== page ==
Rising discontent (1847-1848): « The state of the budget, which was threatened with a yearly deficit, increased the difficulty of the situation which was still further aggravated by a scarcity of provisions. The method of taxing corn made it difficult to provision the country, a matter which was never easy in times previous to the construction of railways. There was a succession of bad harvests, and in the winter of 1847 a famine resulted. There were riots in all directions, and bands of men tramped through the country. At Buzançais, cases of death from starvation occurred. Thus everything combined to make the people dissatisfied with the government. And there was indeed little to be said in its favour. It had achieved nothing and no progress had been made. " To carry out such a policy as this," said Lamartine, " a statesman is not required, a finger-post would do." And one of the moderate party summed up the work done by this ministry as: "Nothing, nothing, nothing."

« In short, this strange result was all that Guizot could boast. Little by little public opinion unanimously turned against him, and the more unpopular he became, the more solid became his majority in the chamber, thanks to the system, which, placing the country in the hands of a handful of rich men, made the elections a mere mockery. Then a universal outcry arose, and the demand for progress and democracy seemed to be concentrated on one point: "electoral reform."

« Guizot opposed an obstinate refusal to this demand. Yet very little was asked for - not universal suffrage (and Guizot said " the day for universal suffrage will never come "), but some reform, however slight it might be. Guizot refused to give the vote even to jurymen and academicians ! The opposition appealed to public opinion. Banquets were organised in many different places for the discussion of reform, at Paris, then at Colmar, Strasburg, Soissons, St. Quentin, and Mâcon. » (HH, XIII, p.79).

The banquet of 1848: « It could not be denied that the excitement was singularly out of proportion to the idea which was its ostensible cause. The spirit of democracy in France had been aroused. Lamartine's book Les Girondins added the charm of lyric poetry to the recollections of the Revolution. The spectacle offered by the July monarchy had gradually influenced the great poet to espouse the cause of popular progress. In his striking speech at the banquet of Mâcon, which was organised as a tribute to him in honour of his Girondins in the midst of a violent thunderstorm which had not deterred a crowded audience from coming to hear him speak, he threatened Guizot's retrograde government with "a revolution of scorn."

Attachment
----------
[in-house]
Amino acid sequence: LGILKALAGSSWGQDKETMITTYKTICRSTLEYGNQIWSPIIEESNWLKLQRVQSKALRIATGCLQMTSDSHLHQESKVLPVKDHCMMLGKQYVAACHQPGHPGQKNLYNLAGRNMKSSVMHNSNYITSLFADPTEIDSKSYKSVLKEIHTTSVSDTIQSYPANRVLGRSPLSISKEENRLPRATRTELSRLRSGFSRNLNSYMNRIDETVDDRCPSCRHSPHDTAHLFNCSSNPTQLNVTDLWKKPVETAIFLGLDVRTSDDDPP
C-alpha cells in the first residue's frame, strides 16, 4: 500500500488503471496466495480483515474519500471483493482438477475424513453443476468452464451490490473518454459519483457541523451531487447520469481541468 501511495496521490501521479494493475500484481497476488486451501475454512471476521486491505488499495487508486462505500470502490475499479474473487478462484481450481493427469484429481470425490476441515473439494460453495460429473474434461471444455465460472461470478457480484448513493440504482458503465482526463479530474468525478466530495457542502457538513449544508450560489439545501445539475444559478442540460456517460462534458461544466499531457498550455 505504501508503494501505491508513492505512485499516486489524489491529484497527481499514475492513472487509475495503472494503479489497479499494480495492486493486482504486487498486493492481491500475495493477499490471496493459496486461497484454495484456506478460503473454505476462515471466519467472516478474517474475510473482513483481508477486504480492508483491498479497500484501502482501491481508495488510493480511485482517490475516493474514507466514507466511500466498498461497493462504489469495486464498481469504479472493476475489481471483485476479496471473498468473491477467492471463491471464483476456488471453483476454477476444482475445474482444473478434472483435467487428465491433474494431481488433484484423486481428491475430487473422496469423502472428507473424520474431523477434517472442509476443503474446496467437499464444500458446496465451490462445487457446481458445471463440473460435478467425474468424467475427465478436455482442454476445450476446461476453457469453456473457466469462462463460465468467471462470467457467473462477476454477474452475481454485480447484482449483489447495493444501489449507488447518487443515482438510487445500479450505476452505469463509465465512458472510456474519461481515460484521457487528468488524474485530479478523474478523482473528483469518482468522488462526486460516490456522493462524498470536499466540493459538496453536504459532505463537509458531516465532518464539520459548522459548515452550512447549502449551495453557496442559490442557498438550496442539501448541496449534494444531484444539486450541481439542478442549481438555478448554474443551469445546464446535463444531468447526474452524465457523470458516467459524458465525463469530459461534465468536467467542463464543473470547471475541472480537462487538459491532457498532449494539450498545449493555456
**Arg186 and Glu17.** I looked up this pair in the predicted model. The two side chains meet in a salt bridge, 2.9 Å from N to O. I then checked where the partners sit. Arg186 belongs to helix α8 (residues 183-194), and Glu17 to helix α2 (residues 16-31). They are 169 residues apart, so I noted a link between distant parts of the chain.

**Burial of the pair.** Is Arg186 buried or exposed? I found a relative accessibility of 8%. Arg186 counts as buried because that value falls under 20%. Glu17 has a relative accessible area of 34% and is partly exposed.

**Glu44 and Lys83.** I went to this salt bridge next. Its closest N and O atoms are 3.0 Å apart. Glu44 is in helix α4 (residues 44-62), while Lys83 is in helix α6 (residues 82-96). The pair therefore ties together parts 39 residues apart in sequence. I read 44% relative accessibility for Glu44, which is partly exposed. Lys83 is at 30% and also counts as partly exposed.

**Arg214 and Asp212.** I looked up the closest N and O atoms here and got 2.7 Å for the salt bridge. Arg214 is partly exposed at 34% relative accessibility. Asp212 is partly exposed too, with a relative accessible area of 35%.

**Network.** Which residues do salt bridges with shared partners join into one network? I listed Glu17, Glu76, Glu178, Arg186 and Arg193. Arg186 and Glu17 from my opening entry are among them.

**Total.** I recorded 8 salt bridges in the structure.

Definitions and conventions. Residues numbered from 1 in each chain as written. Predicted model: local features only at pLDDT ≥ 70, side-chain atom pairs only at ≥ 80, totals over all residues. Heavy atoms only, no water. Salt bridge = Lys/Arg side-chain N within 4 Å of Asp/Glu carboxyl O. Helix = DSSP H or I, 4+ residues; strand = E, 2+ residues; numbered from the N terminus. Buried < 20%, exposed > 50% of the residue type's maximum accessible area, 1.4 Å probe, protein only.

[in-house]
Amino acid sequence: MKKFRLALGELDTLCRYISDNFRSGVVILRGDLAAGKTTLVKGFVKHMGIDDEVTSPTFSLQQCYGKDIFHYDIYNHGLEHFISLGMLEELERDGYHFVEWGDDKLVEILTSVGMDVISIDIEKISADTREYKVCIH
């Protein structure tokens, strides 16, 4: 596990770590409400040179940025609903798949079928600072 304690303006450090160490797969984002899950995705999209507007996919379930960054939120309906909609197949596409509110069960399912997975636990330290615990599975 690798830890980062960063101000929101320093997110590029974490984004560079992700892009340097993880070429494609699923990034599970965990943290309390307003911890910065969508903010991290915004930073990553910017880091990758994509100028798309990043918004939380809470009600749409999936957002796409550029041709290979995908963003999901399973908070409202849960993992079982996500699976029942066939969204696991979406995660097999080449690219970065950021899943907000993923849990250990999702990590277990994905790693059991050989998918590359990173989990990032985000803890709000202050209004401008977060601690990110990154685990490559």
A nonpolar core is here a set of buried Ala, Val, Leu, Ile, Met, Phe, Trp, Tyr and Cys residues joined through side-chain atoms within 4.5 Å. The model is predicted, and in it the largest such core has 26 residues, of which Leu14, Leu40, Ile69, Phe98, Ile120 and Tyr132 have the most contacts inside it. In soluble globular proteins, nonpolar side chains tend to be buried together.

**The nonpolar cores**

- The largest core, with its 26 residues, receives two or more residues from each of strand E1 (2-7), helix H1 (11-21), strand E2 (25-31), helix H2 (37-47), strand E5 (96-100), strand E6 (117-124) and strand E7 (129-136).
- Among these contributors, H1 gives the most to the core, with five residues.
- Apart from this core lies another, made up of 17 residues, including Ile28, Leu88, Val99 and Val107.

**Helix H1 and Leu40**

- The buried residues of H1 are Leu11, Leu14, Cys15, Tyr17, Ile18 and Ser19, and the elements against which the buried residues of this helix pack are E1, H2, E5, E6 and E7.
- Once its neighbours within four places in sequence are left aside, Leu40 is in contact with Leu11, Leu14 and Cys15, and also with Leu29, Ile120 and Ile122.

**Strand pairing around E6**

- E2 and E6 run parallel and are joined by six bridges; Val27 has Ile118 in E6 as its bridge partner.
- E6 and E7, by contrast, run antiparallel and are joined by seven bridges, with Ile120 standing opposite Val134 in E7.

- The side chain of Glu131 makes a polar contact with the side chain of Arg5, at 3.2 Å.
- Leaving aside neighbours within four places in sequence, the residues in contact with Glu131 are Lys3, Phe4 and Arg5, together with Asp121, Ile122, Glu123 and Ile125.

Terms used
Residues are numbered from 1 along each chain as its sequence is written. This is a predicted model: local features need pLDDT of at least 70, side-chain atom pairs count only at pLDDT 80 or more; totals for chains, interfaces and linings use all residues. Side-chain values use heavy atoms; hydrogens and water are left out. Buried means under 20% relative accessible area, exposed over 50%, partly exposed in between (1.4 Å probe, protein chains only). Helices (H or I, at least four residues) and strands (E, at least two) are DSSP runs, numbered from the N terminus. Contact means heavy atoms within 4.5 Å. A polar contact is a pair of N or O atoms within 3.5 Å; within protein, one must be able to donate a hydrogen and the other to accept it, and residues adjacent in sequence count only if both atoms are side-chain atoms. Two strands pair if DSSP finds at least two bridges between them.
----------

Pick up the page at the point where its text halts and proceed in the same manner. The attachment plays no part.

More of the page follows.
« The year 1848 opened with heated debates, in the course of which Guizot's whole policy was denounced. A banquet on a vast scale was organised in Paris immediately after for the purpose of forwarding electoral reform. A large piece of ground enclosed by walls near the Champs-Élysées had been taken for the occasion.

« The ministry, with less tolerance than it had shown in the preceding year, claimed the right to forbid this banquet. This involved the question of the liberty of holding public meetings. This right had never yet been contested, but Guizot wished to take one more retrograde step.

« Orleanists, liberals, republicans, and legitimists all united in defending their rights. Parliament rang with the vehement discussions which ensued and in which Ledru-Rollin showed all his great oratorical powers. In spite of the threats of the government, it was decided to meet at the Madeleine and proceed from there to the banquet. The very evening before the banquet was to take place this plan was changed for fear of bringing about a massacre. It was stated in the morning papers that the meeting was put off, and instead of the demonstration which they had been obliged to abandon, the opposition members signed a vote of censure on Guizot. But the people nevertheless assembled at the appointed time in front of the Madeleine.

« History repeats itself strangely. It had been the chief anxiety of Louis Philippe to avoid another 1830, and yet he was now about to undergo, in every detail, the experience of Charles X. The rising of the people to support the claims of the opposition, but soon leaving these behind them; a disturbance indefinite at first, but developing into a fierce struggle; a king obstinate at first, then willing to make one concession after another, but never agreeing to make them until it was too late; then the flight across France and the departure for England: such was the history of both these revolutions.

« Two things increased Louis Philippe's confidence: Firstly, he had not violated the letter of the law. Though he had in a measure twisted the revolution of 1830 to his own purposes, he had done so by ruling his ministers, and by gaining over the electoral body. He did not realise that he was in the long run preparing a lasting disgrace for himself. His fall was none the less certain because instead of violating the rights of the people he had merely distorted them. His fall would only be the more petty for that. Secondly, he had in Paris, what Polignac had so signally lacked, a strong and numerous army.